There are no “quick fixes” for what ails the Hampton Roads economy, Koch said. The region needs to adopt a long-term perspective.  “The bottom line is that economic development is a long-term process.” The region needs to invest more in projects with a long-term payoff like K-12 education, infrastructure and research and less in high-visibility projects like convention centers, hotels, arenas and entertainment centers. “We delude ourselves if we think we can short-cut [the economic-development] process by constructing flashy facilities that primarily redistribute income within our own region.”

The conventional wisdom on economic development “is no more,” he declared.  For decades, “economic development” in Hampton Roads, as across Virginia,  focused on attracting new firms and to do what it took — offering land, tax incentives, etc. — to attract them. But abundant research indicates that 80% to 85% of locational decisions are not influenced by such give-aways. “Incentives” amount to a wealth transfer to businesses that would have made the same decision anyway.

The hot idea in economic development today is growing businesses locally — economic “gardening,” to use a term coined by David Birch in the 1980s. Make life easier for small businesses by giving them access to high-speed Internet connections, providing cheap or temporary space, and connecting them to academic, financing, engineering and marketing resources. While most small businesses stay small, some become growth stars that account for immense investment and job creation.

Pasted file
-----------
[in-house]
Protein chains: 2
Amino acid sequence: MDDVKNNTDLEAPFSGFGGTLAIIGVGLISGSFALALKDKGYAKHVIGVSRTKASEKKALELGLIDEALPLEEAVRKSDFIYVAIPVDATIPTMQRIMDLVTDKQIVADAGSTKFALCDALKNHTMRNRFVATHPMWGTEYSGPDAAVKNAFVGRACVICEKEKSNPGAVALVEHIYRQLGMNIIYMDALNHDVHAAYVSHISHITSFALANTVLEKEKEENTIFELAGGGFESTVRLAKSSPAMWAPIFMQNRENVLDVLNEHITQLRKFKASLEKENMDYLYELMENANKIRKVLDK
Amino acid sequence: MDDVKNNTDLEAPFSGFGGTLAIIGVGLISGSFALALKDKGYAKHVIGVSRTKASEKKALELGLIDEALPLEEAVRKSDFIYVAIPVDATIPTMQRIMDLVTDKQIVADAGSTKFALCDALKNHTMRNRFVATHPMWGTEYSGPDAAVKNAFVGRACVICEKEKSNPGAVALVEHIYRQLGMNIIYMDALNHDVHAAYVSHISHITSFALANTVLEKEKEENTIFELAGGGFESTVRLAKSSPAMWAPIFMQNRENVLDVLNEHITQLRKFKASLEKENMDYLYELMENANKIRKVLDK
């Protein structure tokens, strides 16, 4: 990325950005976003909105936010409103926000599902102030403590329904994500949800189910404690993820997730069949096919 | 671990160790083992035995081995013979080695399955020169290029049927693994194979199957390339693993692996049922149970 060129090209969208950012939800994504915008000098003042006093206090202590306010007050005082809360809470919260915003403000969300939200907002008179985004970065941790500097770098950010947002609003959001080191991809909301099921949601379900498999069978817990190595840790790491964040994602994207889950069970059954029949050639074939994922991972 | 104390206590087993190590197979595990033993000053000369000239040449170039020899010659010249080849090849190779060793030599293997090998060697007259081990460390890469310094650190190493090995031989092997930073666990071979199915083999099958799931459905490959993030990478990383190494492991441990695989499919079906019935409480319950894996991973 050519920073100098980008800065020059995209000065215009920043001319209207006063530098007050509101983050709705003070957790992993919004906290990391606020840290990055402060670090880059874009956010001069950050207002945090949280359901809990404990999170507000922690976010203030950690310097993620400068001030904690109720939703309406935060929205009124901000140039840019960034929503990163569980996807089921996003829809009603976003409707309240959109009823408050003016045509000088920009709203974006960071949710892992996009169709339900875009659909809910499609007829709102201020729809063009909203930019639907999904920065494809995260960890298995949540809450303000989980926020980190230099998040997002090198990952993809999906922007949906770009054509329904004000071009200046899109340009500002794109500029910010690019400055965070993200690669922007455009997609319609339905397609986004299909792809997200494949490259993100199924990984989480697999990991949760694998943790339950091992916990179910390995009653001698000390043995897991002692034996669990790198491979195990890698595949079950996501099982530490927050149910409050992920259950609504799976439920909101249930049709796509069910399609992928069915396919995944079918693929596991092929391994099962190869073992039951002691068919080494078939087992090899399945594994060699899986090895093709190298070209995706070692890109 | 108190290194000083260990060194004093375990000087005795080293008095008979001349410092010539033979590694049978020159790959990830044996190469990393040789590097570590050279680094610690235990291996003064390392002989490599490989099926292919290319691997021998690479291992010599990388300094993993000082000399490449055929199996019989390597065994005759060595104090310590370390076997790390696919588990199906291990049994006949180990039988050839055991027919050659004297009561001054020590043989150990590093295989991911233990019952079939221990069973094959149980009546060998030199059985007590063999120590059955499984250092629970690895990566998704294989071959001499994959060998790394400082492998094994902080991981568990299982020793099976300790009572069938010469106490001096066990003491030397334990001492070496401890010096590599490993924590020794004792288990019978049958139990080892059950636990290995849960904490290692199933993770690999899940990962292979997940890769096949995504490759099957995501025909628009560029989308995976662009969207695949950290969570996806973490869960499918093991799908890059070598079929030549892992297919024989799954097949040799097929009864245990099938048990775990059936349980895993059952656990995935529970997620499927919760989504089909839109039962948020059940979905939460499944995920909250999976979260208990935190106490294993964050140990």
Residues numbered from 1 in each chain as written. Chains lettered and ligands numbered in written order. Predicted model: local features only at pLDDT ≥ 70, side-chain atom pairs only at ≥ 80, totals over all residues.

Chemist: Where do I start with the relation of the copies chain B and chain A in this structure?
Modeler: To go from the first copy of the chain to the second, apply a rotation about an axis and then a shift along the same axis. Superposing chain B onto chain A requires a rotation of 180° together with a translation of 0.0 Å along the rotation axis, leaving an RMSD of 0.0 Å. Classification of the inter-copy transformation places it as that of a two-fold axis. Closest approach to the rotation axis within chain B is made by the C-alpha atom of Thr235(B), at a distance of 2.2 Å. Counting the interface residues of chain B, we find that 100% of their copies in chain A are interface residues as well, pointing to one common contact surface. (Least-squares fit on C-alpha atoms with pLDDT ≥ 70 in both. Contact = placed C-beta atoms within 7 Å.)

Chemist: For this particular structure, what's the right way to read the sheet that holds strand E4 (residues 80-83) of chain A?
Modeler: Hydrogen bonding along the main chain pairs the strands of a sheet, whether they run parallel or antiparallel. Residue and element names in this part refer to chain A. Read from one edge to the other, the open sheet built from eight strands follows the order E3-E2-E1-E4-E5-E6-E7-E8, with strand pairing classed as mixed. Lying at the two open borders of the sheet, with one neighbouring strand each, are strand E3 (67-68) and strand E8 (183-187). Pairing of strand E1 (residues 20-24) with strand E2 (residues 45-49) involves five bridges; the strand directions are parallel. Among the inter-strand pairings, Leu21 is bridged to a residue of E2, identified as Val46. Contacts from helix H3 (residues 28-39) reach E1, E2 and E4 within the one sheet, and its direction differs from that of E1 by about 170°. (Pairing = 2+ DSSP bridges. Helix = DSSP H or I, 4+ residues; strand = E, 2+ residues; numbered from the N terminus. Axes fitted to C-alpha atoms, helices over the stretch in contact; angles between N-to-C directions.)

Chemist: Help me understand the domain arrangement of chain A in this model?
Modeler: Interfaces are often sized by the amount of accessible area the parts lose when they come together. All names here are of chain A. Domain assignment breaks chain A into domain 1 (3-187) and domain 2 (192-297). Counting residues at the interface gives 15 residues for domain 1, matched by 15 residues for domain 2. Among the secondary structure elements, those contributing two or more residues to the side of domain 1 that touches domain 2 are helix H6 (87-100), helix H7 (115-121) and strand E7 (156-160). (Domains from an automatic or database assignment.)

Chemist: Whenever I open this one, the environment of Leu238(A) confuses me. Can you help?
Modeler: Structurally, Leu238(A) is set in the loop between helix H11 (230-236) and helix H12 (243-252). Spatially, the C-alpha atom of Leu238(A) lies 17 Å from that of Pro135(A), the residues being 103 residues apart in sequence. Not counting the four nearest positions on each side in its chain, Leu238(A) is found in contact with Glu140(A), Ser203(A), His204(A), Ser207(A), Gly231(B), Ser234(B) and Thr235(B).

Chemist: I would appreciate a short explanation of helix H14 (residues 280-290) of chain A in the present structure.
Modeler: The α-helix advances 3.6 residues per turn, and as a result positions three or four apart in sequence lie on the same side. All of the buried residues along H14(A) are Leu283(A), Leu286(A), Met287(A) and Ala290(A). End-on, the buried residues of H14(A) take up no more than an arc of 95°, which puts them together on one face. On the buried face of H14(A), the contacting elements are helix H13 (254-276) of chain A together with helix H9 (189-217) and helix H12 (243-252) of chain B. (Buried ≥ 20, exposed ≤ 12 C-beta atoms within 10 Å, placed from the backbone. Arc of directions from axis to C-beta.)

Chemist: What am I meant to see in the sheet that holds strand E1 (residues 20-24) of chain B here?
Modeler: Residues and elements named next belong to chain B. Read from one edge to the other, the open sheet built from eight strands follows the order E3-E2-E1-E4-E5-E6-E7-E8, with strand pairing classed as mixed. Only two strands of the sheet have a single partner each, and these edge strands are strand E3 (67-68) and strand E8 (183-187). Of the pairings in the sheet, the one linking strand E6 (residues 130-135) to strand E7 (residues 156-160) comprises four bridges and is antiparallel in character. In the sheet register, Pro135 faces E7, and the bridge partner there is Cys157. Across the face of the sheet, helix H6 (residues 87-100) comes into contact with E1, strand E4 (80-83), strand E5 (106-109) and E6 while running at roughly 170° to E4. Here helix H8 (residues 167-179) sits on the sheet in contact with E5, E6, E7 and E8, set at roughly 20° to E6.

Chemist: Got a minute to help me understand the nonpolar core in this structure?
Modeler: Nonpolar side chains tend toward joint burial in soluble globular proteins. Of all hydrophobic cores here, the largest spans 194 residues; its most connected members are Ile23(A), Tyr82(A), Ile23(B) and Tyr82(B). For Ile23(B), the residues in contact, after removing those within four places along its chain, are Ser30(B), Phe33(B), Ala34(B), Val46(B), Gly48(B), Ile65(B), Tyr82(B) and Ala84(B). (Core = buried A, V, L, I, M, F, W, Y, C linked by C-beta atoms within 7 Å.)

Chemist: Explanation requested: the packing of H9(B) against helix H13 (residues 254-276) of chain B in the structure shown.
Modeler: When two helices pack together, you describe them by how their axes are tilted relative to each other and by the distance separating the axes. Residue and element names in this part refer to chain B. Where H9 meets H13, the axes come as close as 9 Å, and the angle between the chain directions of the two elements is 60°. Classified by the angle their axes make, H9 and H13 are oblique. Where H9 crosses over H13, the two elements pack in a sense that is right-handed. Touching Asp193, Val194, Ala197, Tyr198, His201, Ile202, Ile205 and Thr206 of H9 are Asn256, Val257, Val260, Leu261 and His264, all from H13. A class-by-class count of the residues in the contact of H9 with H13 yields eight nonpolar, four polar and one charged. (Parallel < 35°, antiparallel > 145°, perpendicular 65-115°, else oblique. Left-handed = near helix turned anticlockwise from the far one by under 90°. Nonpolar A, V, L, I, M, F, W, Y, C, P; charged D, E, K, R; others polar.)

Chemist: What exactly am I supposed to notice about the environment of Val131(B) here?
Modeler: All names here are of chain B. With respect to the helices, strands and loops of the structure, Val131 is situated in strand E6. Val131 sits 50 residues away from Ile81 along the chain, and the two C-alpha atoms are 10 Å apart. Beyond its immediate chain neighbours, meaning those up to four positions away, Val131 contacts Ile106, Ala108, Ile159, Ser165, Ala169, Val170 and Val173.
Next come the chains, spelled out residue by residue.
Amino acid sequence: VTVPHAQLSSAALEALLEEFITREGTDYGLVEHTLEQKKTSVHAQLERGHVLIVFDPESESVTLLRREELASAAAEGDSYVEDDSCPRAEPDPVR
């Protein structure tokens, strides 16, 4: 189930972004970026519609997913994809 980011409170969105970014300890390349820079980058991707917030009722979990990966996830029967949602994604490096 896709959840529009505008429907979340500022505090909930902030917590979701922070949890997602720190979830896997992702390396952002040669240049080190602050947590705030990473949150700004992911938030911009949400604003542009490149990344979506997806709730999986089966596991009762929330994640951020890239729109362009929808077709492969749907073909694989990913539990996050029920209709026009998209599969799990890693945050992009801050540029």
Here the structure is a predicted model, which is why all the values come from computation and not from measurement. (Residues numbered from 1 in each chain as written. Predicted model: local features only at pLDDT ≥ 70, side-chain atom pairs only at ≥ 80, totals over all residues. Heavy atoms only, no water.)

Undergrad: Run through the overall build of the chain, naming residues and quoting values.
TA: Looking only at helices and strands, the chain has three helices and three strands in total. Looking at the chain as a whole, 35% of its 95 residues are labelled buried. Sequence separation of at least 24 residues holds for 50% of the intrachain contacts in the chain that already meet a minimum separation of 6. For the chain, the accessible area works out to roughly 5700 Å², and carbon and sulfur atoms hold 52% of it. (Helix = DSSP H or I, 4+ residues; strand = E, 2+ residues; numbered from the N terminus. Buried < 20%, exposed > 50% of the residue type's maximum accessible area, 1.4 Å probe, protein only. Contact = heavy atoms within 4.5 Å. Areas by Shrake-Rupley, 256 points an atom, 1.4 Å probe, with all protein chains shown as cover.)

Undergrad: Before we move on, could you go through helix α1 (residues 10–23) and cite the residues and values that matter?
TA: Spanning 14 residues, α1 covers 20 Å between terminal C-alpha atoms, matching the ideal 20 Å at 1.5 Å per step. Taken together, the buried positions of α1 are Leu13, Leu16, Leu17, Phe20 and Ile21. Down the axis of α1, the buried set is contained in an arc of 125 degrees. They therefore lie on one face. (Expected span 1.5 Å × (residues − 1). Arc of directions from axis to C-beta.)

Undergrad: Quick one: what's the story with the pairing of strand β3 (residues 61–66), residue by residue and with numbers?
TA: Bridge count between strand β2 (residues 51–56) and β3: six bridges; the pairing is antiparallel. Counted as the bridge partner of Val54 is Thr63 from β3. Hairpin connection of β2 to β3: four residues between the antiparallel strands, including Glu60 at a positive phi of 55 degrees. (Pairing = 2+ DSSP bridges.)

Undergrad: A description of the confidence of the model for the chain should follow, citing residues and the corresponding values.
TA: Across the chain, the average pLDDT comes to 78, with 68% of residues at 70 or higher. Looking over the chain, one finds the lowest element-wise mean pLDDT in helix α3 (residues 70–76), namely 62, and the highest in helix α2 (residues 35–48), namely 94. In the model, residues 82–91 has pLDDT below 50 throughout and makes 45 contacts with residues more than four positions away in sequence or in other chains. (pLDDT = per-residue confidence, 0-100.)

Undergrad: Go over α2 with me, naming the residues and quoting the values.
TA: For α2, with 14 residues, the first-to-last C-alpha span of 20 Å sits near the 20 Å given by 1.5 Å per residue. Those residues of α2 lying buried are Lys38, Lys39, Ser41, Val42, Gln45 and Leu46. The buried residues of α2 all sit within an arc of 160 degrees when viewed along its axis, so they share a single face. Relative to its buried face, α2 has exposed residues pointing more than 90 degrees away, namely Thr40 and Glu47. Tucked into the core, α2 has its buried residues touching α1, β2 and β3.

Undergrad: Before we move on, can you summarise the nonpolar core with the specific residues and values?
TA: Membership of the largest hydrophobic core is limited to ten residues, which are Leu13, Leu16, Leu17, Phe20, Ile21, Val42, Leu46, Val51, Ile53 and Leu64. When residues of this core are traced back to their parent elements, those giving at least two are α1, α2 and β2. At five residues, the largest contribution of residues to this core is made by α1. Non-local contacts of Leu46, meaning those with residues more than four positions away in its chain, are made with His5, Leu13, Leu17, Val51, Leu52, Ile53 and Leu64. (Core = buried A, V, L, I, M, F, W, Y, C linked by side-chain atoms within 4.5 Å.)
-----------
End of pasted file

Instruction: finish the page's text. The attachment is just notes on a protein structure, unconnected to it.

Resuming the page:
Hampton Roads, always a laggard, recorded the lowest level of business start-ups among nine Virginia regions from 2010 to 2012. Rather than subsidizing selected businesses, Koch advocates an approach of identifying impediments to growth and helping firms overcome those impediments. “What would it take for one of our new, small microbreweries to grow and access new markets? For Liebherr to develop and implement a new cost-saving technology? For BAE Systems to become a major player in off-shore wind generation? Let’s find out! Let’s garden our regional economy.”